Leadership lessons from the headlines

What can HR learn from the foibles of Donald Trump and Travis Kalanick?
By Cissy Pau
|Canadian HR Reporter|Last Updated: 05/08/2017

Many have watched with shocked curiosity as a variety of news-making events have unfolded in the United States since Donald Trump was inaugurated as president. So, what leadership lessons can we learn from these recent events?

We have said many times the tone of a company is set from the top. Leaders determine the culture of a company, how employees are expected to behave, and how employees are expected to interact with clients, customers or constituents. A company’s brand reputation and employer brand are all impacted by how the leader conducts himself.

While many leaders of well-known companies have been making headlines lately for their negative culture-influencing comments — such as Travis Kalanick, CEO of Uber, and Roger Ailes, former CEO of Fox News — no one has been making a bigger impact than Trump.

From his sexist and misogynist comments about women, to his racist comments and policies (whether said under the guise of national security or just to get votes), to his selection of questionable advisors and Cabinet members, Trump has been setting a new tone for how the United States is expected to conduct itself — 140 characters at a time.

Not all leaders are great leaders. To be a great leader, here are some behaviours they must demonstrate:

Practise humility: While self-confidence and self-assurance are important in leaders, arrogance and conceit are not. Being humble, being gracious, and giving others credit where it is due — these are hallmarks of excellent leaders. When your ego drives your behaviours and comments, and when you focus on superlatives about how you are “the best,” “the greatest” and “the most,” your actions become focused on you, the leader, and not the results you want to achieve. By taking all the credit when things go well, laying blame on others when things don’t go well, and saying no one else can do the job better than you, you create animosity with employees and customers.

Tell the truth: When leaders are honest and tell the truth, they will gain trust with employees. Facts are facts and employees will lose faith and trust in your words and actions if they see that your statements are not supported by reality. Employees are smart. They know when you are pulling the wool over their eyes or when your comments are not based on facts. Tell the truth, even if it hurts, rather than making up stories. If you don’t know the answer, say so, and then go find the answer. This builds trust and demonstrates integrity.

To avoid losing credibility, don’t make up alternative facts, or make false assumptions or unfounded accusations — as Trump and his advisors did when it came to the number of attendees at the inauguration.

Inspire employees: A leader’s role is to inspire — to set a vision and to rally people behind the vision. A leader needs to find ways to get all employees onside to work towards the vision, and to develop inclusive ways to operate so employees are inspired to pull in the same direction. Listen to the employees’ concerns. Find the commonality between different points of view.

When leaders talk over you to try to prove a point, when they stop listening, when they simply want to show they are right rather than being open, their ability to inspire lessens. When leaders are divisive and try to pit one employee or group against another, it leads to in-fighting, employees step on each other to move up, they leak news to the media, or they post unflattering views of the employer on social media. The leader has divided and not rallied, and she has set a tone and culture of competition, not collaboration.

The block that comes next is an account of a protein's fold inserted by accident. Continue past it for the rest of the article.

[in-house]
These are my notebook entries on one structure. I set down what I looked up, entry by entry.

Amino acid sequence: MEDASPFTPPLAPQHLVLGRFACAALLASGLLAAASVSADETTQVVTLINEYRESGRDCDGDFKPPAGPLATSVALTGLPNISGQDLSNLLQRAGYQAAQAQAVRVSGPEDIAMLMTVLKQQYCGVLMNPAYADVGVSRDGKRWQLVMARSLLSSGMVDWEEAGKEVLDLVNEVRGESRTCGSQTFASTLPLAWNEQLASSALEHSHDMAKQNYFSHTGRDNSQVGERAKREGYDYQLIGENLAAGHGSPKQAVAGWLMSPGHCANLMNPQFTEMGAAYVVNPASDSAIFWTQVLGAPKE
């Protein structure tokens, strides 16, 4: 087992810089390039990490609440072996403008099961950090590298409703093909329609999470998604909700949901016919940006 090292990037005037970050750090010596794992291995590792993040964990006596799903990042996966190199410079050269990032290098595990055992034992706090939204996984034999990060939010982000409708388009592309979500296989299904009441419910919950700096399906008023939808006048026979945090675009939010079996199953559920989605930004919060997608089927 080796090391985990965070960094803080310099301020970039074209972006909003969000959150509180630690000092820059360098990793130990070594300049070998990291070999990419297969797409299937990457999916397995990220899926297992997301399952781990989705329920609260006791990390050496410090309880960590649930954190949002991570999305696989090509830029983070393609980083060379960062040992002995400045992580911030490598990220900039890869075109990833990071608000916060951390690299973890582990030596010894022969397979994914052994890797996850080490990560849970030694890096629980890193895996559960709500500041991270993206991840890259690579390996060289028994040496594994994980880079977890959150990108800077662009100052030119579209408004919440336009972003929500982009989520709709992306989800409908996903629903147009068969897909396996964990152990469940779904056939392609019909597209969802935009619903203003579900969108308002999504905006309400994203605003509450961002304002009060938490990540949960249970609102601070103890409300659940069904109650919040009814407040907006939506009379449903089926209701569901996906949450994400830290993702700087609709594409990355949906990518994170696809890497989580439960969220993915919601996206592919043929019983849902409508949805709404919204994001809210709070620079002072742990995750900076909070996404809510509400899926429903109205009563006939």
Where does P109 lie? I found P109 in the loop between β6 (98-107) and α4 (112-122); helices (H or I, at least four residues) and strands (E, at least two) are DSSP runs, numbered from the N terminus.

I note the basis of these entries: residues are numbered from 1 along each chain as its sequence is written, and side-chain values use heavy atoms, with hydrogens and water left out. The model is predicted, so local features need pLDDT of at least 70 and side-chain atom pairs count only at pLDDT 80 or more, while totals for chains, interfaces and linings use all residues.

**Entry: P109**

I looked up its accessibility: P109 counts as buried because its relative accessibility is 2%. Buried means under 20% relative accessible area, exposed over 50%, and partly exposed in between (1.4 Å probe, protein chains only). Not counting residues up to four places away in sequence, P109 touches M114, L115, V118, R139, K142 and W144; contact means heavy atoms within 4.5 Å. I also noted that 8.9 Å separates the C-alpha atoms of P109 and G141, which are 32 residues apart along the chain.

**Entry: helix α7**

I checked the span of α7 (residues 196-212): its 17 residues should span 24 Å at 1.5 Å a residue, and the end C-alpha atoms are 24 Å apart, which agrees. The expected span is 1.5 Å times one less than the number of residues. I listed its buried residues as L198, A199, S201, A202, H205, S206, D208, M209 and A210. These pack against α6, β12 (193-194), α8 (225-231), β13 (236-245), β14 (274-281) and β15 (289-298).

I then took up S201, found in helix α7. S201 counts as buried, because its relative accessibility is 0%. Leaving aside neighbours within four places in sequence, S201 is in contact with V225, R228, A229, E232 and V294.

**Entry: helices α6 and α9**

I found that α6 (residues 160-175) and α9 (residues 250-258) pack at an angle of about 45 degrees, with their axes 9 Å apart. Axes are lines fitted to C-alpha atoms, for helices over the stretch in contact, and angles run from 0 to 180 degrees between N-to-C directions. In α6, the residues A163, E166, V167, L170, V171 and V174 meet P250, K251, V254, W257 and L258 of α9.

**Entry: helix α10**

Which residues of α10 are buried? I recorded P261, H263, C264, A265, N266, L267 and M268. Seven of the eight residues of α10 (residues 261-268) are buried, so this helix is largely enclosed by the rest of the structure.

Be kind: The old saying “You catch more flies with honey than vinegar” rings true for leadership. Showing kindness, compassion and empathy makes you a better leader. You can still be decisive and firm, but you don’t need to be mean about it. Employees want to work with leaders who respect them, who listen to them, who care about them, who are genuinely interested in their well-being. Leaders who are mean-spirited, insensitive, belittling, demeaning or rude may get the job done, but they have not earned the trust of their staff and will not have the loyalty and genuine support of those who follow them.

Own up to your mistakes: When ego gets in the way of honesty, we have a problem. If you make a mistake, have the confidence to admit it, apologize, and tell people what you will do to make sure it doesn’t happen again. Do this because you mean it, not because your PR firm says it’s what you should do. If your approach is to blame others and not acknowledge the part you played, employees will lose faith. As a leader’s actions set the tone from the top, employees will start to hide mistakes and blame others as well because that’s the example being set by their leader.

Do what you say you’ll do: In all honesty, this is probably the one trait Trump does demonstrate. He is doing exactly what he said he would do. Put America first. Build a wall. Ban immigrants from perceived at-risk countries. Communicate to the American people via Twitter. Unfortunately, doing what you say you’ll do, without all the other traits described above, is ineffective.

If you don’t like the culture of your company, look at how you conduct yourself. Are you demonstrating the traits that are essential for a great leader to possess? Or are you setting a tone from the top that a less desirable environment is acceptable? Don’t make the same mistakes these headline-makers do.

Cissy Pau is the principal consultant of Clear HR Consulting, a Vancouver-based firm that offers downloadable HR solutions for small business. For more information, visit www.clearhrconsulting.com.

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